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By D.F. Swaab, E. Fliers, M. Mirmiran, W.A. Van Gool and F. Van Haaren (Eds.)

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Extra resources for Aging of the Brain and Alzheimer's Disease

Sample text

With respect to the differentiation of ‘normal’ aging from senile dementia, it is very difficult to discriminate between BSF and incipient dementia. Very recently, some authors have proposed the use of some newer methods to accomplish this discrimination. Much emphasis is given to the differentiation between active recall and passive recognition in learning tasks, and to the use of verbal tasks such as the ‘Nelson adult reading task’ (Nelson and McKenna, 1975), ‘category instance fluency’ tests (Branconnier and DeVitt, 1984) and computer-aided tests based upon an information processing paradigm (see below and Poon, 1983; Jolles, 1985).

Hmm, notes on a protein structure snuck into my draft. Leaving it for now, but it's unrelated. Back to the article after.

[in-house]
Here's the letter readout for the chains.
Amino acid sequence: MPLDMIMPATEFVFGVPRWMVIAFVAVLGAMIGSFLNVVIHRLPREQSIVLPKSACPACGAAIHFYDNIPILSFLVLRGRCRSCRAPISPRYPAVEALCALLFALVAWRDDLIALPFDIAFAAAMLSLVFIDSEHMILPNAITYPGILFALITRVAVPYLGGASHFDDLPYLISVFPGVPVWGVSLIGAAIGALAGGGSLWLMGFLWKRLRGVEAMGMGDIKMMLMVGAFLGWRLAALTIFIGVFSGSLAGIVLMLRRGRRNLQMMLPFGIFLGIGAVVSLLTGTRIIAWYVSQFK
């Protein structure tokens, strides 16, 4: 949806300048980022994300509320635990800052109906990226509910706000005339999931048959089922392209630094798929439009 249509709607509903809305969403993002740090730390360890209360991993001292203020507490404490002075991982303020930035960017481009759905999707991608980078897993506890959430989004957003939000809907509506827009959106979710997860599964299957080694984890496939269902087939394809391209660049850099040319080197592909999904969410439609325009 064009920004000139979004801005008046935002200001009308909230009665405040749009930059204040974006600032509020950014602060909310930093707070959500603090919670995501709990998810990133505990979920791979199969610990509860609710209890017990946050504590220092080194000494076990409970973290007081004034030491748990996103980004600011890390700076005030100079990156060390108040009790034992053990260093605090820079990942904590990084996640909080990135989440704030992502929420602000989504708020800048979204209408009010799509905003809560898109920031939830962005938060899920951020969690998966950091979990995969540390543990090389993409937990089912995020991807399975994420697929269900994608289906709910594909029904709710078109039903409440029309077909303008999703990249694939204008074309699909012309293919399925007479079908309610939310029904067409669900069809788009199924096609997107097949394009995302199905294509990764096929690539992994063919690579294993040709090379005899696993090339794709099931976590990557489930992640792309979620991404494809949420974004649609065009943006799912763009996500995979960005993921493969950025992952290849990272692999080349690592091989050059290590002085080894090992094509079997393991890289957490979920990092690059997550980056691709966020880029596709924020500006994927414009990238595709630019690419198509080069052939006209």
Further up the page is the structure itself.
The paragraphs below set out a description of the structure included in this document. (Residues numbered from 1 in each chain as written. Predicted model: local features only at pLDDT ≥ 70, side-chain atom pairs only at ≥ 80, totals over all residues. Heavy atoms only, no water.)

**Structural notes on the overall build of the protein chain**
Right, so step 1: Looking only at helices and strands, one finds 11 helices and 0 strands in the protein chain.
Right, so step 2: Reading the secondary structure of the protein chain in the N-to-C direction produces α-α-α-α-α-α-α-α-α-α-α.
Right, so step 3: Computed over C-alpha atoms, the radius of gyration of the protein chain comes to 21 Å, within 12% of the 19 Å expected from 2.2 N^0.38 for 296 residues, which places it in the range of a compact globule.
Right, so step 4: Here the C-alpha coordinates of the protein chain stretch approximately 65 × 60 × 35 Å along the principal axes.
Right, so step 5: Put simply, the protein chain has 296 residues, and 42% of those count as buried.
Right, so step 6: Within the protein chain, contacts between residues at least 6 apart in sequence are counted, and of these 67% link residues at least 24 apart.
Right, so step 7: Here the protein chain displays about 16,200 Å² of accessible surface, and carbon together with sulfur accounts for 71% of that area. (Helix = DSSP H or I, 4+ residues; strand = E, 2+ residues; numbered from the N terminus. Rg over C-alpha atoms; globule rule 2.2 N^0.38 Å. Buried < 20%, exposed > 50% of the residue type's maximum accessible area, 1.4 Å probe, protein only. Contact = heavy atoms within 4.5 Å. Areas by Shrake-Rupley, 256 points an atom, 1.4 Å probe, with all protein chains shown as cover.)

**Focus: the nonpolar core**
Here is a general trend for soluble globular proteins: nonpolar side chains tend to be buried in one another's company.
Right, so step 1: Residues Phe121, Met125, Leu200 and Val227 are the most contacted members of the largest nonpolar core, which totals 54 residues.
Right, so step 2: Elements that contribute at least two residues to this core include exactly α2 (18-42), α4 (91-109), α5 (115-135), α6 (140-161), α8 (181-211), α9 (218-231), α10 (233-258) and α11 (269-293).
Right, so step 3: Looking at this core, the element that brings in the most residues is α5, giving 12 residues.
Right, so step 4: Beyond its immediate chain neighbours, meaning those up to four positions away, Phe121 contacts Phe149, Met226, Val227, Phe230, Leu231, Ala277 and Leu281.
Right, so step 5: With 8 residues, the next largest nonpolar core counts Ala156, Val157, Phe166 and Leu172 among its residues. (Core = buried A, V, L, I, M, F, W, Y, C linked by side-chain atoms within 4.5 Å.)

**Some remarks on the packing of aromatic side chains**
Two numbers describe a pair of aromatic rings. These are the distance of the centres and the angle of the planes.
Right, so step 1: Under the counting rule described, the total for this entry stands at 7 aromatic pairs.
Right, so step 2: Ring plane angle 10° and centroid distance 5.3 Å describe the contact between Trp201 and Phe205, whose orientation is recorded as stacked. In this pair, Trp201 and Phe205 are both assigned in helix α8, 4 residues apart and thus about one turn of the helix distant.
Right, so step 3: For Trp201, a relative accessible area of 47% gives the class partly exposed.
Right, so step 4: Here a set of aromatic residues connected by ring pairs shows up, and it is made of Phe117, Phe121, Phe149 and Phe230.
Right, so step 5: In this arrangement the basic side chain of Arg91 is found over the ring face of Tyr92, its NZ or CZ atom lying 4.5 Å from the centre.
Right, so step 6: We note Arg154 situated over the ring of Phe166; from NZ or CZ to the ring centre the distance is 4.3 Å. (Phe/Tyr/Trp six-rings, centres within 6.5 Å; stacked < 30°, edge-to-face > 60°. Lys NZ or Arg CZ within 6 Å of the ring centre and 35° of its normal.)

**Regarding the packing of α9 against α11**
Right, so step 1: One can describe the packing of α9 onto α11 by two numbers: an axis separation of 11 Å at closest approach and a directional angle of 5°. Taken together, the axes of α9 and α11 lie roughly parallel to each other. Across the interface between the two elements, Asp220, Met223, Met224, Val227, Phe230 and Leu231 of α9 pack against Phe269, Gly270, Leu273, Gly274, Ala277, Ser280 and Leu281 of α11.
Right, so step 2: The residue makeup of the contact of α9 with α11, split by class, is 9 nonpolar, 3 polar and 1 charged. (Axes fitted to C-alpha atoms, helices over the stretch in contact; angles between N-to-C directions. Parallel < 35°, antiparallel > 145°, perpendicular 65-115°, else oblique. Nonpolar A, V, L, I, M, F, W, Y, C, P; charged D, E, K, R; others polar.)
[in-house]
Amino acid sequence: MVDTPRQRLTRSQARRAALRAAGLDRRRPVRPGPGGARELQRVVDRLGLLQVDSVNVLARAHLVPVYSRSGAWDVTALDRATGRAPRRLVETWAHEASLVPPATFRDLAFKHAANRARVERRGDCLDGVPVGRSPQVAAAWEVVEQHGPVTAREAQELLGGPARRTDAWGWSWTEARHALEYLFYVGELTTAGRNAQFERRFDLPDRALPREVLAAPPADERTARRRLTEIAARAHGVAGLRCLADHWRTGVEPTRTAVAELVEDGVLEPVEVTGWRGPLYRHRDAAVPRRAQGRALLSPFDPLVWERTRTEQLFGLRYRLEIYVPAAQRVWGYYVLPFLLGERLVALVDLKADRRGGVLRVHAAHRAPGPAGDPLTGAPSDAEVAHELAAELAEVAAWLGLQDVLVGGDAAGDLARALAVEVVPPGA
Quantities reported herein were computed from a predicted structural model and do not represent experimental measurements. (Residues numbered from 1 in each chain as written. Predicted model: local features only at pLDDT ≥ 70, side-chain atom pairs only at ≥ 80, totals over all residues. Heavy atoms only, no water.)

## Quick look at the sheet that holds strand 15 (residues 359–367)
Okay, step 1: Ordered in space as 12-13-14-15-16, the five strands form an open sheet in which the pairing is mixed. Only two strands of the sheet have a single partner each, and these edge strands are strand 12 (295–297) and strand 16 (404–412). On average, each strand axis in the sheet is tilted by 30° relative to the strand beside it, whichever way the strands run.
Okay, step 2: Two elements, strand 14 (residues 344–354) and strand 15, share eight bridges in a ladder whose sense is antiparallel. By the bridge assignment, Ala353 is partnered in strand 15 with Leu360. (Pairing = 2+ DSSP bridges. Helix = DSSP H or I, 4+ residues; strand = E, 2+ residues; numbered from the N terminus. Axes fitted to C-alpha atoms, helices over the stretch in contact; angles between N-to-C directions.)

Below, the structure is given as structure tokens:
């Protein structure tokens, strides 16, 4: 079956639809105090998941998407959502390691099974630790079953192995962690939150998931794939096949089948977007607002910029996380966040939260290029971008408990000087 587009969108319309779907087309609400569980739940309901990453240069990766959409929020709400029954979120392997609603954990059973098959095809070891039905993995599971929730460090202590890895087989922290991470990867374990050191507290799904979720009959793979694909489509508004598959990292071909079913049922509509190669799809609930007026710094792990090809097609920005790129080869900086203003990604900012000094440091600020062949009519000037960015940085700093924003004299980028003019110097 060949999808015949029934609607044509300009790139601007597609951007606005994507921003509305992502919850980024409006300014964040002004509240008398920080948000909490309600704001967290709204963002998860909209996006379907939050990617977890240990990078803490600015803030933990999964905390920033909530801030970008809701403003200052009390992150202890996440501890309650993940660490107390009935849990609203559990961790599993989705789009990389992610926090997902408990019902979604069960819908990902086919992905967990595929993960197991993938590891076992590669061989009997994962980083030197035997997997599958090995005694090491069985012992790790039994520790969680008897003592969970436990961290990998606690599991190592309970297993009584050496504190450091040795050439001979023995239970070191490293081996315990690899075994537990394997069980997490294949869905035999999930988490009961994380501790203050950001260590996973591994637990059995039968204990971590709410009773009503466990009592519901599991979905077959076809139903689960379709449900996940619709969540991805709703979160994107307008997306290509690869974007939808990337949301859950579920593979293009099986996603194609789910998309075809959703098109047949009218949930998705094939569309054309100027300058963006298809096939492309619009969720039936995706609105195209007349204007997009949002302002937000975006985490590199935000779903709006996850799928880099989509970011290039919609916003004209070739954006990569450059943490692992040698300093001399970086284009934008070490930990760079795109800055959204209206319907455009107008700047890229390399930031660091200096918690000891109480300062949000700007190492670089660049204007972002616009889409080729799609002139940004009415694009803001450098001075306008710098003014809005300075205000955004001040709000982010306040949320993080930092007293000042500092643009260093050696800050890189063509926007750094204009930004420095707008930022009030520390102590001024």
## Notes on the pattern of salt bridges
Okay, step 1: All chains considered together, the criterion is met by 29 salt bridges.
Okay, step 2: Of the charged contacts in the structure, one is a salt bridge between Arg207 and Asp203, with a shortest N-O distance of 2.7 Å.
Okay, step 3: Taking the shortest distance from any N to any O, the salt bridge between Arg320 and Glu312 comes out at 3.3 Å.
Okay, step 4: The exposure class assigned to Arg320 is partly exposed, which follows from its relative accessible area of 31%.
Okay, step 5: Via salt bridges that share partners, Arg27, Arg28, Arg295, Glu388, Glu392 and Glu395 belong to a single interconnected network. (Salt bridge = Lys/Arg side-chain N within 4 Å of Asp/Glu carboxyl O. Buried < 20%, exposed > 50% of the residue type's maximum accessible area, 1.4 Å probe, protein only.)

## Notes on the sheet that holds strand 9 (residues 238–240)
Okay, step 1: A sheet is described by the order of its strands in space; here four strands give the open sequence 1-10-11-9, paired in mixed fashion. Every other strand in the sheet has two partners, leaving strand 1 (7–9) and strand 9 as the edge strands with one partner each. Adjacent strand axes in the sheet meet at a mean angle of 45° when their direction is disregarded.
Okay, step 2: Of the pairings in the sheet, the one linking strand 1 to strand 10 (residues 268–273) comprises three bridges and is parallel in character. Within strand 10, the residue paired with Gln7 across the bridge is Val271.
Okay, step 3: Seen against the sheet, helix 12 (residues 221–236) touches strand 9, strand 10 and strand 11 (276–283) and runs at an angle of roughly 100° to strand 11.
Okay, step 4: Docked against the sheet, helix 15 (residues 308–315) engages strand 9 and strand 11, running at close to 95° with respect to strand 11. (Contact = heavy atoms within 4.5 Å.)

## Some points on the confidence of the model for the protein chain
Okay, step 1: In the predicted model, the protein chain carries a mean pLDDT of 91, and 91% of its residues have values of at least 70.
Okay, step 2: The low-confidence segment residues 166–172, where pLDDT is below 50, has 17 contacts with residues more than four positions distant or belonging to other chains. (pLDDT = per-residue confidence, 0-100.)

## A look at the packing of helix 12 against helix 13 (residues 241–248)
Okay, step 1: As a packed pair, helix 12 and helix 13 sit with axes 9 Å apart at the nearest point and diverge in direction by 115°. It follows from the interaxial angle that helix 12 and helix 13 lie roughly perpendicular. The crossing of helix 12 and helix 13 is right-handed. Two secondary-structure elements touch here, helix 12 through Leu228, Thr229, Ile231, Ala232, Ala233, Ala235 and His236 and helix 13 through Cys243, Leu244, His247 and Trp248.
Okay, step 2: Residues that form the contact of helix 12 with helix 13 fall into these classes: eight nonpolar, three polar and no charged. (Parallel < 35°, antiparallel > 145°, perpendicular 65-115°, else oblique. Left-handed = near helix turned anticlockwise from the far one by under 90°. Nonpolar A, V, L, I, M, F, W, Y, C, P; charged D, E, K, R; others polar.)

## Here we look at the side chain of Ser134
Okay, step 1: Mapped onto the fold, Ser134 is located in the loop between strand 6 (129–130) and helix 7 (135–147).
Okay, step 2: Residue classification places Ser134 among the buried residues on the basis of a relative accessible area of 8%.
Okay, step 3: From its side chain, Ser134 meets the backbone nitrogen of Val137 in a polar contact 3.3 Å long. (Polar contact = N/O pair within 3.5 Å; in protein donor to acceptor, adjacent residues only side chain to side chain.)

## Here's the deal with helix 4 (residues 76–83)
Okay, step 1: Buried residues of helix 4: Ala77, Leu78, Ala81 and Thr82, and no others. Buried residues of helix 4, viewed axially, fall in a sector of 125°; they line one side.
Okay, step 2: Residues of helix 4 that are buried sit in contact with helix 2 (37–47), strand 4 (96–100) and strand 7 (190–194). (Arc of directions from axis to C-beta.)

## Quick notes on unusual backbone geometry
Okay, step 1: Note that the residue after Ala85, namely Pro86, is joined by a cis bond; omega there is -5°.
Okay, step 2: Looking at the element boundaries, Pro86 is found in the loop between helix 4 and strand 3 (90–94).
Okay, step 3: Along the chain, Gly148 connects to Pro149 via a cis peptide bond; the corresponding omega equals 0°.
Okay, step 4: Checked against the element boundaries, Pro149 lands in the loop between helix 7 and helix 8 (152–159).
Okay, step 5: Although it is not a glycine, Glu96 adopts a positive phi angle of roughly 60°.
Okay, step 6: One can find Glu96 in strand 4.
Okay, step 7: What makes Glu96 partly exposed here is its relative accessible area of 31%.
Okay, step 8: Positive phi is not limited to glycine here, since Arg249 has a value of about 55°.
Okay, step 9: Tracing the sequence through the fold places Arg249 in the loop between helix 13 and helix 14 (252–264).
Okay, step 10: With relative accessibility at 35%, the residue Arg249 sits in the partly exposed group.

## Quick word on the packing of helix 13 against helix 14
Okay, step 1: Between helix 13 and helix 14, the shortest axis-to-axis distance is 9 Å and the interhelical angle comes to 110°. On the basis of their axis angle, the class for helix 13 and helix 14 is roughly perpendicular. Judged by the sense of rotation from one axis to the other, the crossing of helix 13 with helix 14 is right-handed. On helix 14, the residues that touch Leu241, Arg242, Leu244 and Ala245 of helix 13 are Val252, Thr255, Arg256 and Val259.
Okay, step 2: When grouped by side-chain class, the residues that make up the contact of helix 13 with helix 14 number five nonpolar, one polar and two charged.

E. the number of words that can be correctly recalled after a single presentation). Long-term memory is essential for this supra-span learning (Miller, 1972). The performance deficits discussed above have been interpreted in different ways. Memory processes could be involved but the impairments could also be a secondary consequence of an attentional deficit or impaired sensory memory. Furthermore, a decreased ability in the use of coding strategies is also probable: this notion is supported by the fact that acoustically presented material was coded less efficiently by demented patients (Miller, 1972).

Stowing, J. and Bicknell, J. M. (1979) Subcortical arteriosclerotic encephalopathy (Binswanger): computerized tomography. Neurology, 29: 1102-1 106. Sim, M. (1979)Early diagnosis of Alzheimer’s disease. In A. I. M. Glen and L. J. ), Alzheimer’s Disease. Early Recognition of Potentially Reversible Deficits, Churchill Livingstone, Edinburgh, pp. 78-85. Smith, J. S. and Kiloh, L. G. (1981) The investigation of dementia: results in 200 consecutive admissions. The Lancet, i: 824-827. , Paetau, A,, Wikstrom, J.

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